Secrets of Italian Cooking
Italians can be proud of the fact that they have some of the best cuisine in the world. It’s simple really, in that they use the freshest quality ingredients. They take great pleasure in their dining experience and why not? Food is one of the great passions and indulgences of life, so why not introduce a little more Italian into your cooking. Here’s how:
Choose the best ingredients
Visit any food market in Italy and you’ll see a wealth of delicious fresh ingredients on offer. The bright reds of tomatoes and the huge variety of seasonal fruit and vegetables on offer. Visit your local farmer’s markets to source the best, freshest produce in your area. The fruit and veg doesn’t have to look supermarket perfect and the best flavours can come from odd shapes and sizes of produce.
Understand olive oils
Italian cuisine varies wildly from region to region and olive oils come in lots of different varieties too. A peppery olive oil is found in Tuscany varieties, while sharper and fruitier flavours can be found in oils from Sicily. Research online for the different types of olive oils and where they originate.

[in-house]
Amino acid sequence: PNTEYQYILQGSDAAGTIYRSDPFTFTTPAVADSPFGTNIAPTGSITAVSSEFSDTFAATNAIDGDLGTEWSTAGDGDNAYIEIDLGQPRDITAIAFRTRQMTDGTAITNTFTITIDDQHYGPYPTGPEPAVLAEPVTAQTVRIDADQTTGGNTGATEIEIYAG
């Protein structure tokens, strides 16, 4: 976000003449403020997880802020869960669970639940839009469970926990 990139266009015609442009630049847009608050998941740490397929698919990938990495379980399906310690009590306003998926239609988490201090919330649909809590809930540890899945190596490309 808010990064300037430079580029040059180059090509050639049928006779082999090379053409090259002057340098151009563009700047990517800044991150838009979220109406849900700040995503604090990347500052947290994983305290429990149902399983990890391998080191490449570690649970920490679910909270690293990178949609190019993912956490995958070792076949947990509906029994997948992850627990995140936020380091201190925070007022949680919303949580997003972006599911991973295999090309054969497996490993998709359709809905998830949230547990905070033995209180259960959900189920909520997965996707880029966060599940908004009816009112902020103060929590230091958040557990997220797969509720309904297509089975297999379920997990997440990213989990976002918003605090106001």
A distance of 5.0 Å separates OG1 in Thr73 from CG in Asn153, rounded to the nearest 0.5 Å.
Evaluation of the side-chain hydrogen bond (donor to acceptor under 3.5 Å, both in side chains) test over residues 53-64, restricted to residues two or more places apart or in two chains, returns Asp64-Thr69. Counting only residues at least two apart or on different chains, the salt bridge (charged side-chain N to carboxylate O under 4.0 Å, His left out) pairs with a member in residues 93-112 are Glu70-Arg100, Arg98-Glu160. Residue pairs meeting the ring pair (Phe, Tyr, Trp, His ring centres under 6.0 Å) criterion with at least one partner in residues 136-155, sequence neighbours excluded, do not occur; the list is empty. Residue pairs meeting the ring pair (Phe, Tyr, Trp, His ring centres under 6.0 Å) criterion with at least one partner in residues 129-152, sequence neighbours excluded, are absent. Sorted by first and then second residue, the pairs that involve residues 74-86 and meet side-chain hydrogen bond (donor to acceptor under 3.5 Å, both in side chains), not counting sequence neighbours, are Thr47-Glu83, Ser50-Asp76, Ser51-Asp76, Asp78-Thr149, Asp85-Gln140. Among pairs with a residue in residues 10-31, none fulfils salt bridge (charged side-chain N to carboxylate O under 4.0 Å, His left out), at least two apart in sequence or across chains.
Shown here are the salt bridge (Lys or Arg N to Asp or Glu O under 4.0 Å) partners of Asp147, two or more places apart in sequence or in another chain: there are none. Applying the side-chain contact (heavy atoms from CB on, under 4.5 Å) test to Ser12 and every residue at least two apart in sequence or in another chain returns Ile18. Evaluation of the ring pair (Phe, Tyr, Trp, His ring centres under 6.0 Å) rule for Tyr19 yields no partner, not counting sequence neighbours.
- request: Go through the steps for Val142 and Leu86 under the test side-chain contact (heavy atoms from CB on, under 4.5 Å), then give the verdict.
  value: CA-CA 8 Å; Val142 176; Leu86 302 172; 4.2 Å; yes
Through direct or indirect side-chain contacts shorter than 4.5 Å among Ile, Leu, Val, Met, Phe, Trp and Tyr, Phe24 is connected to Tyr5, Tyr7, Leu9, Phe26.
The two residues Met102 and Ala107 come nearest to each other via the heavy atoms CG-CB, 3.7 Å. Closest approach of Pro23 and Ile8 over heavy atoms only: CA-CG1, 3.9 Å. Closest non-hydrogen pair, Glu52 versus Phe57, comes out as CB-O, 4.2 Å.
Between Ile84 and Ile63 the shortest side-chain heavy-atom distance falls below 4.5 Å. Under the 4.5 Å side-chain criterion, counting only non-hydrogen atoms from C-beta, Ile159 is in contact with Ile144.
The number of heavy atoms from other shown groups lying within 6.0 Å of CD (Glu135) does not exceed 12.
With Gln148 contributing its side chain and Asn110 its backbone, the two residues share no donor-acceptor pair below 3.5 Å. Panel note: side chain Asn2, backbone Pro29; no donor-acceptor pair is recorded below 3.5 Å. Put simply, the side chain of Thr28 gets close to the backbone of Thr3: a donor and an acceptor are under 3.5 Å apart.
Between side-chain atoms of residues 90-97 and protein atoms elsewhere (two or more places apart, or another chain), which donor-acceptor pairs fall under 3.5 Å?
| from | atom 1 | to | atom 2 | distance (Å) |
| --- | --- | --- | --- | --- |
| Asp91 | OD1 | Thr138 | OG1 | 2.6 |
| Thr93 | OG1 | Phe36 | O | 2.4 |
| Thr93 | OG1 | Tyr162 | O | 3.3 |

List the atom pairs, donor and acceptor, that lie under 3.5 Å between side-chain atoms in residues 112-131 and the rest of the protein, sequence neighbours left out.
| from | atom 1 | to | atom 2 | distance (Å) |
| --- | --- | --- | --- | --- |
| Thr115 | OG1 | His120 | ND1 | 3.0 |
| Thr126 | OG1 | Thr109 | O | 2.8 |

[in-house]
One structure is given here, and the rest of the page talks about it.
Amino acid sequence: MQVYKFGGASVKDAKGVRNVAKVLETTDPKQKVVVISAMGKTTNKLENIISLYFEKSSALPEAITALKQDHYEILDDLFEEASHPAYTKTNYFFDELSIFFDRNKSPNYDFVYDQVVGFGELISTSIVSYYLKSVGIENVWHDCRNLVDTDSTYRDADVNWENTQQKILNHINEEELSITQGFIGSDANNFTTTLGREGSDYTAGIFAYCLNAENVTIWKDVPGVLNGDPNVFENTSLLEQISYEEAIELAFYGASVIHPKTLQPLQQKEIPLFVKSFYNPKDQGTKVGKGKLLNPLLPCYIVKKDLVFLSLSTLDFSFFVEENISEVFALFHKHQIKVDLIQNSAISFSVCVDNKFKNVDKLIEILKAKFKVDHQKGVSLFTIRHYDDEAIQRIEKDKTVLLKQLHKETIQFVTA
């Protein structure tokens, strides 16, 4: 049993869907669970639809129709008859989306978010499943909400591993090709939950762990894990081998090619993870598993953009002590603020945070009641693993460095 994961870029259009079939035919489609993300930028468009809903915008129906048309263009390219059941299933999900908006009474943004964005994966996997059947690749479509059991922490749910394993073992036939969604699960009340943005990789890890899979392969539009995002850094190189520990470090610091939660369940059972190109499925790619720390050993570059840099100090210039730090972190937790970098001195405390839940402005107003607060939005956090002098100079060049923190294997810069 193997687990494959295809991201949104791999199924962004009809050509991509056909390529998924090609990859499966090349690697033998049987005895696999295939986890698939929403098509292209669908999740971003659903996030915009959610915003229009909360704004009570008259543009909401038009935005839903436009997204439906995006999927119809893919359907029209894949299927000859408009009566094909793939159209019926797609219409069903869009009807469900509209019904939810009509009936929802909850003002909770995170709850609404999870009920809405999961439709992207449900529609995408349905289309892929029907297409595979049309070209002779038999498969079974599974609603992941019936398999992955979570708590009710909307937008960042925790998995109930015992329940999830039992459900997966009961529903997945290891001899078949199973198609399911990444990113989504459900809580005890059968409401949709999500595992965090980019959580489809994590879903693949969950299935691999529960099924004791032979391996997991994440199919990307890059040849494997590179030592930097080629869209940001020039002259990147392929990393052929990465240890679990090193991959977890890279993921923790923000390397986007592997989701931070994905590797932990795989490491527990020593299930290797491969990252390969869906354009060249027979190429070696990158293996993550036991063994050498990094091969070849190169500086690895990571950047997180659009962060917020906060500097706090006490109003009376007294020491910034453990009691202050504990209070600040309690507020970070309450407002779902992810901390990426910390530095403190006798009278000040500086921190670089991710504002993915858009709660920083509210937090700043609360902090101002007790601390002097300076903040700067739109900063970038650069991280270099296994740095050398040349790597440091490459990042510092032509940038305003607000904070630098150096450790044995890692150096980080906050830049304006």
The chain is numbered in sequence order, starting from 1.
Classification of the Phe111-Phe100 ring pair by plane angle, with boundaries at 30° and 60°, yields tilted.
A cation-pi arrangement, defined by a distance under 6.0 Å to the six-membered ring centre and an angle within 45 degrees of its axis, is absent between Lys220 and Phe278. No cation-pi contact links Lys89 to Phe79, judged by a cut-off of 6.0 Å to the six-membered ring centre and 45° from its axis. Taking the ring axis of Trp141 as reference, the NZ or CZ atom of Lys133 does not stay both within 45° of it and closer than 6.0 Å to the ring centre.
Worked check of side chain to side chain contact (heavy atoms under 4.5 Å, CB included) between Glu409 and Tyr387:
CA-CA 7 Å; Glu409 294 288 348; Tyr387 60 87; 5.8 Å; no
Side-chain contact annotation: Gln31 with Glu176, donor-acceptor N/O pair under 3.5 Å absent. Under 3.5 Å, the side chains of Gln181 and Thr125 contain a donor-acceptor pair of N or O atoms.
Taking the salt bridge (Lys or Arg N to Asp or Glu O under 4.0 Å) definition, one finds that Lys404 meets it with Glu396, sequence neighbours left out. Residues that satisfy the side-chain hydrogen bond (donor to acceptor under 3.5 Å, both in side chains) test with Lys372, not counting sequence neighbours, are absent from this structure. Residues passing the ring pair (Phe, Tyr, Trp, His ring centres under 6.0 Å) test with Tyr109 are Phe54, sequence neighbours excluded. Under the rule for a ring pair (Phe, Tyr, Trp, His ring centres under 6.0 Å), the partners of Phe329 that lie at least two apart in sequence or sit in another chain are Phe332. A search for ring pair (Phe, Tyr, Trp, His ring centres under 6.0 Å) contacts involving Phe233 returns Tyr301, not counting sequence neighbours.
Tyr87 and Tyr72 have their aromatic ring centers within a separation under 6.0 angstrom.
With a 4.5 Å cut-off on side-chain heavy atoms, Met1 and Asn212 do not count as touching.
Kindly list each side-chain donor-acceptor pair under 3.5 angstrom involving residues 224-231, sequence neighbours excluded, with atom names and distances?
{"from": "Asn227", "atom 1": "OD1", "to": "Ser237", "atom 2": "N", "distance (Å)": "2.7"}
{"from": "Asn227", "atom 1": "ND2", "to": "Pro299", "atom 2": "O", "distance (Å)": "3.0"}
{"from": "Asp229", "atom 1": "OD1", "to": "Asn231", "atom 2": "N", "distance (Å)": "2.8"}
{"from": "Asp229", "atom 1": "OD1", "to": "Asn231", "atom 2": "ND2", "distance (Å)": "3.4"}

Use tinned tomatoes
Great taste doesn’t always have to come from fresh. Tomato pasta sauce can be made just as well using tinned tomatoes. Add some garlic and onions and simmer for 15 minutes before adding herbs. It will taste far nicer than pre-made pasta sauces with all their unwanted additional ingredients. Alternatively, treat yourself to a night out and let someone else do the cooking. For an Italian Restaurant Dublin, visit http://www.toscanarestaurant.ie/
Give your pasta the space it needs
Most people cooking pasta don’t realise that it needs a lot more space and water than people usually give it. A good rule of thumb is 1 litre of water for every 100g of pasta. Use a large enough saucepan so the pasta has room to move and doesn’t clump together.
Don’t overcook pasta
Don’t always go by the cooking times on packets as these will often be longer than is actually required. Pasta also continues to cook slightly after you’ve drained it, so keep an eye on it if you don’t want soft mush. Testing it as you cook is a good idea for that perfect ‘al dente’ pasta.
Add pasta to the sauce
Instead of pouring sauce over your pasta, as we are used to seeing in pictures, add the pasta to the pan of sauce and let the flavours mingle during cooking instead.
Make use of breadcrumbs
One of the most delicious secrets of Italian cooking is pasta cooked in breadcrumbs. Anchovies cooked in olive oil are mixed with toasted breadcrumbs and a dash of chilli before being added to spaghetti. It was a meal born out of the poverty of the south in the past but should not overlooked for its amazing flavours.
Get the Bolognese right
In the UK we always serve spaghetti Bolognese with a tomato-based ragu sauce. The Italians wouldn’t dream of this, as tagliatelle is the pasta you should be using with this dish. It’s wider surface area makes it easier for the sauce and meat to stick to the pasta.